Yes, I could have someone else rewire this for me and probably do a pretty good job, but at $250+ it seems like it is worth investigating an alternative.
 

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Discussion Starter · #5 ·
Thanks Semifast. I have gotten positive feedback about Rick's before. The stator for my bike through them is $275 with a 1 year warranty. Not sure why it is on the top end of their price range for stators.
 

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Discussion Starter · #6 ·
Looks like I will try a used stator before I do anything crazy. Found a source that is local.

I also noticed that the model I have has a field coil winding in the center... just makes things a little more difficult.
 

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I also noticed that the model I have has a field coil winding in the center... just makes things a little more difficult.
A field coil requires sliding contacts to energize, using power output by the regulator; those contacts can wear out. Maybe your stator is fine?
 

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Discussion Starter · #8 ·
My resistance measurements on the three yellow wires as well as the field coil seemed to be off. Expected was .6 OHM on the pairs of three yellow stator wires, I had 1.1 to 1.2 Ohms on each set of wires. Field coil was I think in the neighborhood of 2 to 3 Ohm and expected I read was 6-8 Ohm. I am basing the failure of my stator on its inability to charge and these measurements. There are no apparent shorts and the bike mileage is low (6K). Stator visibly looks like new.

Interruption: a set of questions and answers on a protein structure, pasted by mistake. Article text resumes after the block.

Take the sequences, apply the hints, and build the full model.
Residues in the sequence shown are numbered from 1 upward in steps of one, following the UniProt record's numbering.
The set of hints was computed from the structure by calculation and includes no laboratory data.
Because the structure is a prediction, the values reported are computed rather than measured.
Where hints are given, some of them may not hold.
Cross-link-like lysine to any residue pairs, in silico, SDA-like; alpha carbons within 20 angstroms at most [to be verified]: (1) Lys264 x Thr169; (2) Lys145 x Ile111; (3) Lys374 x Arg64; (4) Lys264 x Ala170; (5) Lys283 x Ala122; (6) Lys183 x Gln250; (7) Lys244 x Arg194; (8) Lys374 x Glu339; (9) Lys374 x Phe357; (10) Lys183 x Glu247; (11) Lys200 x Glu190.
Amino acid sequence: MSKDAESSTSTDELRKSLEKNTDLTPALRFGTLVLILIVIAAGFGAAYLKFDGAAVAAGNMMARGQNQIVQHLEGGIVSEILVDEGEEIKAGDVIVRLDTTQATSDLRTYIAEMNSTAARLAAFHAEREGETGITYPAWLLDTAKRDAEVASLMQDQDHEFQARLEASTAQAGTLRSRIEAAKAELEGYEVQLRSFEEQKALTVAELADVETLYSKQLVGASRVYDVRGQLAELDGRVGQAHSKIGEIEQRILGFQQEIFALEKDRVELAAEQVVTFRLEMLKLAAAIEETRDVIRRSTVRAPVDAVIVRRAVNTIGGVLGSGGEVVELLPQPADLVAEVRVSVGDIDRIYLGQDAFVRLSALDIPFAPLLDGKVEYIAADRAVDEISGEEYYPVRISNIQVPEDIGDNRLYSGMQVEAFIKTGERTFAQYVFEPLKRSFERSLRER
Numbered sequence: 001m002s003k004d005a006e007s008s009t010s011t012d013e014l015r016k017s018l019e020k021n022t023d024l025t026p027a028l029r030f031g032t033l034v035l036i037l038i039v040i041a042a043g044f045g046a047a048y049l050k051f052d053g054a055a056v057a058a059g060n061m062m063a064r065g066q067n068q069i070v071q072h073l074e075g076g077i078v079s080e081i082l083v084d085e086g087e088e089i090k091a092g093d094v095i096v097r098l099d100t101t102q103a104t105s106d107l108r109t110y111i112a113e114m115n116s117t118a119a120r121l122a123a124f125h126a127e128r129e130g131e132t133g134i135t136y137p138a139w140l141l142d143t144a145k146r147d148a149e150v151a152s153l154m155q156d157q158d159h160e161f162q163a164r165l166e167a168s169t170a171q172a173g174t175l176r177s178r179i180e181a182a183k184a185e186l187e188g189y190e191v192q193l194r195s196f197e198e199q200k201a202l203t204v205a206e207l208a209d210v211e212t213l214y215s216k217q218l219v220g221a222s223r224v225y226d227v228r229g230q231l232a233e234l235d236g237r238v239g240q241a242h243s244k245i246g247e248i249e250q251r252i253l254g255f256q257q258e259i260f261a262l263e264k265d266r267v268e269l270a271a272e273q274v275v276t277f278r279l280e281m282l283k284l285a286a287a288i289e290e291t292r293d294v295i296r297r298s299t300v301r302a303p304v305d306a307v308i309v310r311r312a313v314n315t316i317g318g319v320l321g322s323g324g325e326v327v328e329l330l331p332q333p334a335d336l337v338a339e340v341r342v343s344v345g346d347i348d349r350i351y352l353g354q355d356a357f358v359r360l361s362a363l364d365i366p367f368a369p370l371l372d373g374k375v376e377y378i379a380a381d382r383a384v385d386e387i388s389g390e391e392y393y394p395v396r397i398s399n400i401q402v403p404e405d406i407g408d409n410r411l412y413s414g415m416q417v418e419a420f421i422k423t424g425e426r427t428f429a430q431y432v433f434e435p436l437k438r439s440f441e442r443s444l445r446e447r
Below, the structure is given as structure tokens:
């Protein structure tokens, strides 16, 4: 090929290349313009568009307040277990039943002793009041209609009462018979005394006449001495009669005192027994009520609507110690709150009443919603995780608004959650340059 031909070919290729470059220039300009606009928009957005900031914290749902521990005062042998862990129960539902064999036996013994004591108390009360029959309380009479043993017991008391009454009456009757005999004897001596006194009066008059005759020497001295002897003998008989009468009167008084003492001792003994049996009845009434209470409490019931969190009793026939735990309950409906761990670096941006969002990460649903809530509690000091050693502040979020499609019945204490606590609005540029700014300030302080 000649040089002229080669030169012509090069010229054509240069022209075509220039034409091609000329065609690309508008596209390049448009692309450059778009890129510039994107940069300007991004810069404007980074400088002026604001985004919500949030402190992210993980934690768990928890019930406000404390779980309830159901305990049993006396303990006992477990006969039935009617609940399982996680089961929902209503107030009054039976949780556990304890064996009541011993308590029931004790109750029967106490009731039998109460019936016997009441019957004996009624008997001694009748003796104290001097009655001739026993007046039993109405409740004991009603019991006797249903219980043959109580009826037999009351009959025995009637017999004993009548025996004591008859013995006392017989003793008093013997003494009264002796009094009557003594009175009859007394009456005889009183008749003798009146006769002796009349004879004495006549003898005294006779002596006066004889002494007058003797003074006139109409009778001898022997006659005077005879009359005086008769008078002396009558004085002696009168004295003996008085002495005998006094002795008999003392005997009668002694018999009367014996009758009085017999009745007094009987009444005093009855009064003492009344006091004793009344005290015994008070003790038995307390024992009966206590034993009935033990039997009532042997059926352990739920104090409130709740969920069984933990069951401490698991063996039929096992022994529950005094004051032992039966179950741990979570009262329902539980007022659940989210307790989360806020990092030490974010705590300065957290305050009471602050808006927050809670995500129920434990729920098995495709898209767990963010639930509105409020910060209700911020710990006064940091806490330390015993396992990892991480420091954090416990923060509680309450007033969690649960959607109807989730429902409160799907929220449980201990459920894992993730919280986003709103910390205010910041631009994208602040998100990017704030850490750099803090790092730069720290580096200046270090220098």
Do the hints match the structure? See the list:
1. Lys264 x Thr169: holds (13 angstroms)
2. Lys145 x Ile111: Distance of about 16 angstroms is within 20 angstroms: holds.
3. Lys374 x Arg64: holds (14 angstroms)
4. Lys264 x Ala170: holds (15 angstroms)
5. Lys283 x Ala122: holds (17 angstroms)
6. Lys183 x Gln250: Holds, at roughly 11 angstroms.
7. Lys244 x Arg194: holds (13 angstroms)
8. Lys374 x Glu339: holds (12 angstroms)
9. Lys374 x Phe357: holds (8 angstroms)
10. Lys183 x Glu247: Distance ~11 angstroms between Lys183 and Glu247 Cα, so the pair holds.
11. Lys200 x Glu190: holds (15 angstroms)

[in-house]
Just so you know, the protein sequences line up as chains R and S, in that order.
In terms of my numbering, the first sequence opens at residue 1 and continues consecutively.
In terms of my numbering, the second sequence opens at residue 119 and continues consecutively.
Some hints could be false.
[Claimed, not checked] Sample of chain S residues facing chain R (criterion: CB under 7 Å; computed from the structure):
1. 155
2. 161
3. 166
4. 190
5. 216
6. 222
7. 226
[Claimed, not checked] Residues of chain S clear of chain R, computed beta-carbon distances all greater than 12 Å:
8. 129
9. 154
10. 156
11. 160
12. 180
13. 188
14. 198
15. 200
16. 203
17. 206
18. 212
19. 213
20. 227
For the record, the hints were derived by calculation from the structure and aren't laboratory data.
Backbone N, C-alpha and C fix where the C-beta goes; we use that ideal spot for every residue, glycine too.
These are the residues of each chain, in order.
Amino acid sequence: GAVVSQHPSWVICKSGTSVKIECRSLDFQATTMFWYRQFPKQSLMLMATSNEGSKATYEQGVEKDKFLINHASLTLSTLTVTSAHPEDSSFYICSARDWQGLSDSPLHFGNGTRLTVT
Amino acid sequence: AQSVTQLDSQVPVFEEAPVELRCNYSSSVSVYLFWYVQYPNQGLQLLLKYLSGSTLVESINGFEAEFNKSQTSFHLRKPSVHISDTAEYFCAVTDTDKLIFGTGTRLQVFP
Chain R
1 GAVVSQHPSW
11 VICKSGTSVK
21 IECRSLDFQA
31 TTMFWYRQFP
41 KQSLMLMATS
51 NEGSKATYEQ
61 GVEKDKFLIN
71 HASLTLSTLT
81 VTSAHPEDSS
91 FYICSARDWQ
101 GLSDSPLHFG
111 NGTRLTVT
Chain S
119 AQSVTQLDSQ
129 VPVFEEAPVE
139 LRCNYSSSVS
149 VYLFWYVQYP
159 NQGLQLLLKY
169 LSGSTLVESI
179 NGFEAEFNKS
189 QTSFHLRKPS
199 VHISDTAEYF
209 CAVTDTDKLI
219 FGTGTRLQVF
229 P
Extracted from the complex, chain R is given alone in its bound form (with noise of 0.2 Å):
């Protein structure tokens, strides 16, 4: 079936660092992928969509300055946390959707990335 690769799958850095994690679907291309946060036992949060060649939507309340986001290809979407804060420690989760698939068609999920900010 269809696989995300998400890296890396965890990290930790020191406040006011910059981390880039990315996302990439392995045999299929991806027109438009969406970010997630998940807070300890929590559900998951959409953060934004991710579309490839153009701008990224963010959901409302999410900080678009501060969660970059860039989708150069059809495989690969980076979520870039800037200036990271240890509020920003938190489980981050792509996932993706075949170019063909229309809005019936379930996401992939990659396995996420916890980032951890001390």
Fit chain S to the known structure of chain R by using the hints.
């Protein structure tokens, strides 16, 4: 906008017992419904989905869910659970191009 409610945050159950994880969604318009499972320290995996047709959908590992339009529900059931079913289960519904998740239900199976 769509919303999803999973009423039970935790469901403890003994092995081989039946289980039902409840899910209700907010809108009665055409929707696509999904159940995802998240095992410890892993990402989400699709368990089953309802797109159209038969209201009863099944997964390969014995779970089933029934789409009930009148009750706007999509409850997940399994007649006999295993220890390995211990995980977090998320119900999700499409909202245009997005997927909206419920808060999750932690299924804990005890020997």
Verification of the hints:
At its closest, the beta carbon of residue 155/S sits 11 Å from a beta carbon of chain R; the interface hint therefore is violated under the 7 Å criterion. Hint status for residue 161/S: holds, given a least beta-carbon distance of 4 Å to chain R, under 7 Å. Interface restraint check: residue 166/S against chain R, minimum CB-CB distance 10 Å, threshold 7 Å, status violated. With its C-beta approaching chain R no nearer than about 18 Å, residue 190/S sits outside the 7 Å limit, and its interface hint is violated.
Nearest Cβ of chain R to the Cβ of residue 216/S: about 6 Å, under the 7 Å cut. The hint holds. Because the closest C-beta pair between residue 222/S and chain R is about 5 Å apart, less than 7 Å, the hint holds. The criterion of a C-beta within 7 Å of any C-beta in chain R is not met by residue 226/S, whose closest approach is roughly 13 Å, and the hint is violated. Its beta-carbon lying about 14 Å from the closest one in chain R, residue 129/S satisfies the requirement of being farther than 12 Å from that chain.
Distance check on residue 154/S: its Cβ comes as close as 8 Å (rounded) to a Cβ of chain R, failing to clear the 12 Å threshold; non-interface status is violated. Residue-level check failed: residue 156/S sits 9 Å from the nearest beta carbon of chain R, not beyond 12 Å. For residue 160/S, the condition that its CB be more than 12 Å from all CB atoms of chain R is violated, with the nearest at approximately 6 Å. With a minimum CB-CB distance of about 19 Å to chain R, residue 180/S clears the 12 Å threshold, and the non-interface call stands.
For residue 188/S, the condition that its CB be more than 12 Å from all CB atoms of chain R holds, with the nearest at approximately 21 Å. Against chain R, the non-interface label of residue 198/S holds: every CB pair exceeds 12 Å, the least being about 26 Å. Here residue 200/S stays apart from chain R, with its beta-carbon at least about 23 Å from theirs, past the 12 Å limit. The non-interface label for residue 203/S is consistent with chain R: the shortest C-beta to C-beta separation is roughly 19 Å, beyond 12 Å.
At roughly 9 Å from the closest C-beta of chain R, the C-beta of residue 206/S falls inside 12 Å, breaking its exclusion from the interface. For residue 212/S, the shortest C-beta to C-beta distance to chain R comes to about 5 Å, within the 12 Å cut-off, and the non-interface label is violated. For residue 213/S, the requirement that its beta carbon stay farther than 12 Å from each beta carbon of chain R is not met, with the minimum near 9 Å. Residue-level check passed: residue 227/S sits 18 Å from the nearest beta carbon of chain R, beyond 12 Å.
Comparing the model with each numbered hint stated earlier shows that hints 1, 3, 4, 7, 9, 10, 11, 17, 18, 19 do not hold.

I don't know anything about the field coil, I assumed the regulator was regulating voltage to the field coil to "request" the proper amount of generated electricity based on demand.
 

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It is difficult for your average multi-meter to measure resistances that low; reading 1.1 instead of 0.6 is well within the typical error margin, and could be due to minor contact resistance built up between the probe and contacts, and the probes and meter inputs. There are also tiny offset Voltages generated by two dissimilar metals making contact. If the yellow wires read open to the engine, then it is probably good, as measured. Unless, of course, you are using a meter that implements 4-wire correction, which would be much more accurate.

You might want to also measure the field coil to engine case ground, as those numbers, while still in the margins for your average meter, do seem a bit low. There could also be worn spots in the slip ring the contacts ride on, or contamination diverting the current, reducing the average field current in the coil, or just dirty contacts in the connectors between the field coil and regulator. Yes, the regulator adjusts the current through the field coil, to increase or decrease the power out of the stator, but it assumes the current path is good. PM generators are a lot easier to verify.

While it is still possible the stator is bad, I would first measure the Voltage between the three yellow wires, with the field connected and motor running; I would expect something over 50VAC, probably much higher. If it wavers, the field connections are suspect.